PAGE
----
Tuesday marks the 30th anniversary of New Order’s World Cup anthem “World in Motion” first hitting the U.K. charts. theScore’s Daniel Rouse explores how the relationship between music and British football has changed from that song’s 1990 release to today’s thriving grime scene.
1990 – ‘Catalyst for change’
Football was a dirty word. It wasn’t just a sport; it was a lifestyle of terrace violence and running battles with police on the streets. Racism was prevalent in the stands and few women attended games. Many people viewed it as a blemish on British society.
So, when New Musical Express photographer Kevin Cummins traveled home to Manchester to watch football at weekends, his colleagues couldn’t believe it. Why didn’t he stay in London and go to gigs? He couldn’t find anybody else in the music industry who liked football.
That was until iconic Mancunian band New Order, John Barnes, and other players teamed up to soundtrack England’s 1990 World Cup campaign.
“Football was going through a bad time in the late ’80s and it was very difficult. The catalyst for change was definitely ‘World in Motion.’ Then everybody wanted to be associated with football,” Cummins, the legendary photographer who has documented British music since the punk era, told theScore.
Unlike most songs about football, “World in Motion” was good. Its club-beat chassis could’ve been plucked straight from the Hacienda, the Manchester nightclub and nucleus of rave culture. To compensate for the band’s lack of football knowledge, New Order drafted in comedian Keith Allen – father of future pop star Lily and “Game of Thrones” actor Alfie – to write and chant sport-appropriate lyrics. The rap from Liverpool winger Barnes was the tune’s piece de resistance.
Soon, the music industry wanted to ride the coattails of New Order’s single and England’s journey to the semifinals.
“We said to all the record companies around that World Cup, ‘If you’ll take us to a match in Italy, we’ll stick your band on the cover or at least we’ll do a three-page feature on them.’ Everyone was up for it,” Cummins remembered.
Cummins sometimes tried to get his beloved Manchester City into – or onto – the NME. When he photographed New Order frontman Bernard Sumner with Barnes, he didn’t want the former to wear the white or red shirts that England would wear at the World Cup. He instead sourced a sky-blue jersey for Sumner “so we could at least get City’s colors on the cover.”
The excitement from the World Cup tumbled into the 1990-91 club season and was further fueled by the end of UEFA’s ban on English sides entering European competitions. Cummins reluctantly recalls City opening the campaign with a 3-1 loss to Tottenham Hotspur. Spurs’ goals were scored by Three Lions stars Paul Gascoigne and Gary Lineker.
In 1994, Cummins was even closer to putting his team on the front page. He sensed an opportunity when two brothers raised in Manchester’s rough estates drew attention for their band’s upcoming debut record, “Definitely Maybe,” and the booze- and drug-addled circus that followed them around.
“With Oasis, for me it was a natural thing to do, initially. We had Brother as a shirt sponsor and obviously they were brothers and City fans,” Cummins said of Oasis’ Liam and Noel Gallagher. “It all came together really.”
Cummins’ images of the Gallagher brothers typify that era. Football-loving, working-class kids whose communities had suffered under Margaret Thatcher’s government were entering adulthood, and Oasis’ warring siblings were the embodiment of that generation. They wanted their voices to be heard but, most importantly, they wanted to enjoy themselves.
There was one hitch: Cummins’ Southampton-supporting editor pulled a front cover with the City-clad Gallaghers at the last minute. “I don’t want the paper to be associated with losers,” Cummins remembered his boss saying about his underachieving, accident-prone team. A picture of Liam Gallagher underneath a sign for The Oasis Bar took its place.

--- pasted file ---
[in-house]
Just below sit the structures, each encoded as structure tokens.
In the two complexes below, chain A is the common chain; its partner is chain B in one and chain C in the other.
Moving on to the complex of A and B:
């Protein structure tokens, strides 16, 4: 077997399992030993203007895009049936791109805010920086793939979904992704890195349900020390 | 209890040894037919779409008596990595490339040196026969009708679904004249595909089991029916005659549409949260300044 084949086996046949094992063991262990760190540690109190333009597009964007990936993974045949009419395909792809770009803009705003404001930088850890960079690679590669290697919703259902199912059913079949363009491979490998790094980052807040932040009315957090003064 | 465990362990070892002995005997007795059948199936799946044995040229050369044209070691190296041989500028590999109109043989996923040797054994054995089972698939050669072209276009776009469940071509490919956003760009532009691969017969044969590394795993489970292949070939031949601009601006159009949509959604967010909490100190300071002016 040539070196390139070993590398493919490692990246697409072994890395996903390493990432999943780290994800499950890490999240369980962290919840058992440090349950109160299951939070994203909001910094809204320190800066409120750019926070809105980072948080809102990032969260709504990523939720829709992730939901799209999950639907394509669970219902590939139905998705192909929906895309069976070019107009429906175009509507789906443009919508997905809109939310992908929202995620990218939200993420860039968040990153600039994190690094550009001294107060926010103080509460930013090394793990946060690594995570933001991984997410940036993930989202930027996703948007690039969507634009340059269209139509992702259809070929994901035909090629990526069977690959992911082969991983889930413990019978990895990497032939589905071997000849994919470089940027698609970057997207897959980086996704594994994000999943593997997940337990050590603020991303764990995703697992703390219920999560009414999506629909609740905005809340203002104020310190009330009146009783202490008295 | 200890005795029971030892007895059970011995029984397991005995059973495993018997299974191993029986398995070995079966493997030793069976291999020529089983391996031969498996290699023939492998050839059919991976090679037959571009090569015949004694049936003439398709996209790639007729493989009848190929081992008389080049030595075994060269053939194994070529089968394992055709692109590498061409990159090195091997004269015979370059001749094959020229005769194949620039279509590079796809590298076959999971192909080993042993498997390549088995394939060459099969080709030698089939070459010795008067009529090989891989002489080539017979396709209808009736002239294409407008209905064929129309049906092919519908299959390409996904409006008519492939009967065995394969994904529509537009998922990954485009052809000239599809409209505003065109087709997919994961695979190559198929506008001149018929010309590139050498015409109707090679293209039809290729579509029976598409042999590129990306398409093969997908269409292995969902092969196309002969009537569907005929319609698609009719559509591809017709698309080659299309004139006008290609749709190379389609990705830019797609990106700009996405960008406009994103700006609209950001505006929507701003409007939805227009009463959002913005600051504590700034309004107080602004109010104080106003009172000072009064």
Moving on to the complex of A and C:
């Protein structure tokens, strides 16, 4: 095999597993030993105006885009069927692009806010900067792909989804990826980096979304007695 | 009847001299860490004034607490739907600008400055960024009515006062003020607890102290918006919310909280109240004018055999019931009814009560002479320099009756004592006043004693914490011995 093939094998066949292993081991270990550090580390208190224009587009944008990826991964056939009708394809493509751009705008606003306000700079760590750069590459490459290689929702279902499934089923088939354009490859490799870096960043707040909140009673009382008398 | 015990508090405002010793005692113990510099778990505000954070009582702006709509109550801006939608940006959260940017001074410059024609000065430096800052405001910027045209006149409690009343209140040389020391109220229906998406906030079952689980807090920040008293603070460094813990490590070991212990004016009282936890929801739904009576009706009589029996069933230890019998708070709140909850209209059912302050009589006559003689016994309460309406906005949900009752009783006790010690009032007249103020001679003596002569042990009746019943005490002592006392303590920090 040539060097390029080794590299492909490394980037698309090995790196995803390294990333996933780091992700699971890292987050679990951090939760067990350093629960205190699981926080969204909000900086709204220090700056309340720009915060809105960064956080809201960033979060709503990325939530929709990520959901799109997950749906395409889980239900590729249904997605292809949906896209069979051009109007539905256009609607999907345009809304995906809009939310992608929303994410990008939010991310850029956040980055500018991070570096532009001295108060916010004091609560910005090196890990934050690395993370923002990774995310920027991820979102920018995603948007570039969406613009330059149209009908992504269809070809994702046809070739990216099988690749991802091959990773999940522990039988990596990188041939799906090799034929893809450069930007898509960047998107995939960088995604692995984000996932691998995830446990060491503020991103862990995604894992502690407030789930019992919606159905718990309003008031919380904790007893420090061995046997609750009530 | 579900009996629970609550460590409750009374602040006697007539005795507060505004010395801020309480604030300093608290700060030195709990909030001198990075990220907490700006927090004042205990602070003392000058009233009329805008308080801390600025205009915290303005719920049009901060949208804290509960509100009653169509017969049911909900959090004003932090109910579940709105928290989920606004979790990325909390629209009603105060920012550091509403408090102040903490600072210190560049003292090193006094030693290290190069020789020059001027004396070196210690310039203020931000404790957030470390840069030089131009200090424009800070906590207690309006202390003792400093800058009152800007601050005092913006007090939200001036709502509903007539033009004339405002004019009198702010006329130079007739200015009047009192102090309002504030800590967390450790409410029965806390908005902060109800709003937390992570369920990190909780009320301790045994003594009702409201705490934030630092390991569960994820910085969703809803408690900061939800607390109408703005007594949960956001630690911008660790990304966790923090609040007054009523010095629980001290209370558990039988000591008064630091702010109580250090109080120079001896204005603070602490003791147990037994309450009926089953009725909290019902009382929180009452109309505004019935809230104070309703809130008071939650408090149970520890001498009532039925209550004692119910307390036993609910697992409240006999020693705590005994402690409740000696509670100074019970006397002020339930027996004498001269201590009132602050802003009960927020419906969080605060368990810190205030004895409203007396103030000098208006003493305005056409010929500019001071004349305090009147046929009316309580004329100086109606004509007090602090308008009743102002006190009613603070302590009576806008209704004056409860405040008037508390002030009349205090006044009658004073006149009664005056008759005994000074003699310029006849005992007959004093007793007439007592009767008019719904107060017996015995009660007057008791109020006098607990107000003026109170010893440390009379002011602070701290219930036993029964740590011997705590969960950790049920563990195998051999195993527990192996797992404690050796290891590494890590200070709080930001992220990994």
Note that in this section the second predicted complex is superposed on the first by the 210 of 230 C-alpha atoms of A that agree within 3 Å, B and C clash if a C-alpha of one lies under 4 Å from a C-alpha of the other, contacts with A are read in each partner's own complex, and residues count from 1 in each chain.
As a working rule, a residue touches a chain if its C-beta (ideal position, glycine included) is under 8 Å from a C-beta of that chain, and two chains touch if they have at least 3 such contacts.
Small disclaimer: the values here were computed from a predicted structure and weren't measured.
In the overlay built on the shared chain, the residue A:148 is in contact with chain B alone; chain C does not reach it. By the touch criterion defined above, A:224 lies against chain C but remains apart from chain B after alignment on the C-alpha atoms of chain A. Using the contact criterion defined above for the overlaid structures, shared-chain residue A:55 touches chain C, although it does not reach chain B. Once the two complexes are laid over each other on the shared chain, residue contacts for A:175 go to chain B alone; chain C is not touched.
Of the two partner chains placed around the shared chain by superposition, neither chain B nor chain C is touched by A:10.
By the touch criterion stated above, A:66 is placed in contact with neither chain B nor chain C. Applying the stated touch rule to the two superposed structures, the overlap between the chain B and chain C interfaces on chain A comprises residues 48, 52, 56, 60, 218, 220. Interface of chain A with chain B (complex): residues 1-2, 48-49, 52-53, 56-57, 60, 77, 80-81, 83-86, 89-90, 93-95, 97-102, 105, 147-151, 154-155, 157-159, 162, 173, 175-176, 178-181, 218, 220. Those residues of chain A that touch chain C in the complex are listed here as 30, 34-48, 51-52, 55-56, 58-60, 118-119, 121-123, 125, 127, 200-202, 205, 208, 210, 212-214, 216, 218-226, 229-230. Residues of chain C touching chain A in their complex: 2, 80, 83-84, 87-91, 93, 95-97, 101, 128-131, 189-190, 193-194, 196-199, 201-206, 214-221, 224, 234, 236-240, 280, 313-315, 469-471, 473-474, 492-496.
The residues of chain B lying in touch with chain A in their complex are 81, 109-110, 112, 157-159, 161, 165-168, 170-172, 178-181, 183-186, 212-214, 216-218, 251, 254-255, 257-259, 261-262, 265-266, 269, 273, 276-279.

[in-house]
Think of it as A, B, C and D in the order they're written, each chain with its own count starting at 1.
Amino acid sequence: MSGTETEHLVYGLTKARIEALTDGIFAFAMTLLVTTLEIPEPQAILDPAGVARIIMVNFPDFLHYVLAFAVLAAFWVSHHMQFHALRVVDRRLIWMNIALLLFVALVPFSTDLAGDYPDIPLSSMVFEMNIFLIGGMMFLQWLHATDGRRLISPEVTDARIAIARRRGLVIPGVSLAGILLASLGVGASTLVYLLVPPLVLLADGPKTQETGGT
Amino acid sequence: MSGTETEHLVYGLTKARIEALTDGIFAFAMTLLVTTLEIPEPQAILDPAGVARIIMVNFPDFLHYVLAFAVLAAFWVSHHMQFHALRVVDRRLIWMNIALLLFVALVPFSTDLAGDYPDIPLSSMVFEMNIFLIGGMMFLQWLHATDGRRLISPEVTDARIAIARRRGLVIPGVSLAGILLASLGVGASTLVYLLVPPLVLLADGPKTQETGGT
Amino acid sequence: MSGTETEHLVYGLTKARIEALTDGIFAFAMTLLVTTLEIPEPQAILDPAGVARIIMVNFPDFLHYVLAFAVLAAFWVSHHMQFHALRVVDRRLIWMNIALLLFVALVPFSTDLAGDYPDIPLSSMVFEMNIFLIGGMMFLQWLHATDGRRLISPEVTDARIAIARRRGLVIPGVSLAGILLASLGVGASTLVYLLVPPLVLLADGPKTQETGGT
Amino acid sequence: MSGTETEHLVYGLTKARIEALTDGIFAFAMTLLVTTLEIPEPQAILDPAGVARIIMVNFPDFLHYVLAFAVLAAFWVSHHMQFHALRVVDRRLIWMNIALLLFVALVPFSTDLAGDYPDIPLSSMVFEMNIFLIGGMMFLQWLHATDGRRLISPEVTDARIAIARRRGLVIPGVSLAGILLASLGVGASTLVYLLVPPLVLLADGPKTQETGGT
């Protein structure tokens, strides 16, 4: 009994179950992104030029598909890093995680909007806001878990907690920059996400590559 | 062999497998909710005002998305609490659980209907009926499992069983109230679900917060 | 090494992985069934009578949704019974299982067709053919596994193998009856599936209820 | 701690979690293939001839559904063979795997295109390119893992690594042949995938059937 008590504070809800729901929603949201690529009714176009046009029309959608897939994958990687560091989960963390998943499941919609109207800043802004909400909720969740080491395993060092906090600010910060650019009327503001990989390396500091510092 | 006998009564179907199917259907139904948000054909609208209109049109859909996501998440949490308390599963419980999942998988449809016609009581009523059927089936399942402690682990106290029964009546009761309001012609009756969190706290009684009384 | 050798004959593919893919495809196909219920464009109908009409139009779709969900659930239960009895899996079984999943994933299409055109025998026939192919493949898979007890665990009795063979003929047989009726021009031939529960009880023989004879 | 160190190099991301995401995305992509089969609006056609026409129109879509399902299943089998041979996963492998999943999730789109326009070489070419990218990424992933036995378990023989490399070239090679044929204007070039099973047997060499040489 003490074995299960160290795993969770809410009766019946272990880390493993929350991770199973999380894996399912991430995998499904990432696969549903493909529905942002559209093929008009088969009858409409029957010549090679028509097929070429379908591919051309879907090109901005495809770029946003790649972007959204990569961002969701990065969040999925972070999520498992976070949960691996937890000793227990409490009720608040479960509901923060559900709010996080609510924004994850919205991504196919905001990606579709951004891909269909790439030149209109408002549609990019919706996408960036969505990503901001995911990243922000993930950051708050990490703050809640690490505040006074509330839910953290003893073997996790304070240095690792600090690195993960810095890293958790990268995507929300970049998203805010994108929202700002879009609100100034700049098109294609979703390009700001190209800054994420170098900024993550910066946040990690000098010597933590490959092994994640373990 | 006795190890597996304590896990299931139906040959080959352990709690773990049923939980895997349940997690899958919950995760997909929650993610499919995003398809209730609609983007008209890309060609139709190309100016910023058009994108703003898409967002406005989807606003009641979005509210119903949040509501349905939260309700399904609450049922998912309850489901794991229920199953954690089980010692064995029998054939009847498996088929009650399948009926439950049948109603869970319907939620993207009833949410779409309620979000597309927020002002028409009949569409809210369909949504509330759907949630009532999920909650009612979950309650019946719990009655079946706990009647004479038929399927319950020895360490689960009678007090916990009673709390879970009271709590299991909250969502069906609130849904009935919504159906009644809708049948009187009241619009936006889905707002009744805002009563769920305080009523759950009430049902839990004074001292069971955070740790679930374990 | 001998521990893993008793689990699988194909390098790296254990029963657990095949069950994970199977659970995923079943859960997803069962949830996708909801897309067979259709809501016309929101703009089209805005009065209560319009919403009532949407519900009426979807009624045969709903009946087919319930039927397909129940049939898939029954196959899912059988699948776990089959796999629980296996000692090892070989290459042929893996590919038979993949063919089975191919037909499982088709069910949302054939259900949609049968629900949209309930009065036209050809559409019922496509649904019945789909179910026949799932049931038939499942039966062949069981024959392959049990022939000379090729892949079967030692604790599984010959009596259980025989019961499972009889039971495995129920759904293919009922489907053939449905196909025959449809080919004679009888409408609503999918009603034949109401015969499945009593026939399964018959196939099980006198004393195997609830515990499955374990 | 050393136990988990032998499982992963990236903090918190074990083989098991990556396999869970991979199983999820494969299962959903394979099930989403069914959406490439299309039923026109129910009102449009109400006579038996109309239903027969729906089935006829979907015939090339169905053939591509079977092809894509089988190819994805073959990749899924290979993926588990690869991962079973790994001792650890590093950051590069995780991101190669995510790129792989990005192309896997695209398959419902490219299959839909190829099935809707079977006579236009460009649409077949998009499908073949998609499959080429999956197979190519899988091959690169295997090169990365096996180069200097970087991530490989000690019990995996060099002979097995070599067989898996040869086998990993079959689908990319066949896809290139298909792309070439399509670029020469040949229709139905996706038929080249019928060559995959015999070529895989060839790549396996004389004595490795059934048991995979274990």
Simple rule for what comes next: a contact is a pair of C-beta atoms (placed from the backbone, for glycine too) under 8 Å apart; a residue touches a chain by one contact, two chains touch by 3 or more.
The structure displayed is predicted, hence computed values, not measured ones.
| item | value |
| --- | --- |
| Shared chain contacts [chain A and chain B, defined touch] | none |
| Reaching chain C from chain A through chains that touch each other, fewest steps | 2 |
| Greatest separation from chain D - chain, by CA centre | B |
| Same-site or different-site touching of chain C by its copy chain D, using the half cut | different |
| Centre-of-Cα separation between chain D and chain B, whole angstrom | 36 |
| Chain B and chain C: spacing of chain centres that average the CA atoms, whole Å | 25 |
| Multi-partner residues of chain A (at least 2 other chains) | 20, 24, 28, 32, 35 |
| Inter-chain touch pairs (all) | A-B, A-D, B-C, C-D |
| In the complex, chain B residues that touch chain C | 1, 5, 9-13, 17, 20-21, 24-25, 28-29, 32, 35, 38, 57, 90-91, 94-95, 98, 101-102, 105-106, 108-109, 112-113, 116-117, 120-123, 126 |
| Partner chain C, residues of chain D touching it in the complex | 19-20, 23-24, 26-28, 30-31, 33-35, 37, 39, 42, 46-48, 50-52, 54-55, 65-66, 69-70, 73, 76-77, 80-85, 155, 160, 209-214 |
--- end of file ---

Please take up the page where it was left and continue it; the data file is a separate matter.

But, within a few years, football and music had a stronger connection. New Order helped the music industry realize that the sport wasn’t just for hooligans, and then Oasis composed scores for a modern, liberal Britain while gushing about their favorite club in interviews.
Cummins’ weekend trips up to Manchester weren’t that strange anymore.
2006 – ‘Like keeping 2 balls in the air’
The Futureheads were set for the studio after 18 months touring their self-titled debut album. Their first record was full of imaginative yet frenetic two-minute pop songs about personal, small-town experiences, but life on the road had been very different. Ross Millard, the band’s guitarist and vocalist, felt it would be disingenuous to regurgitate tales and feelings from their past. The Futureheads’ songwriting had to go in a different direction.
They decided to focus on issues and stories that affected life beyond Sunderland and its suburbs. Millard, a keen Manchester United fan, chose to reflect on the 1958 Munich air disaster. The track, “News and Tributes,” appeared on an album of the same name in 2006.
“It’s a huge passion in my life – music and football are probably equally weighted, really – so, for me, it was just a chance to write something about something that was really important to me,” Millard explained. “And it was a test as a songwriter as well to try and do it properly, because if we didn’t feel like it was done with taste and integrity then it certainly wouldn’t have made the album.”
While “News and Tributes” was undoubtedly linked to football, the song focused on the 23 deaths caused by the plane crash and how that loss of life – 11 of those killed were players and staff from Manchester United – is still felt to this day. Millard avoided overt sporting references in the song because it would’ve cheapened his message.
Besides, Millard believes music and football are “not easy bedfellows.” He feels expressing the emotion attached to sport is difficult, “especially when you’ve got to be economical in terms of writing a song over 16 lines.” Football songs or even songs with football references have a poor reputation; it’s hard to be subtle about the topic.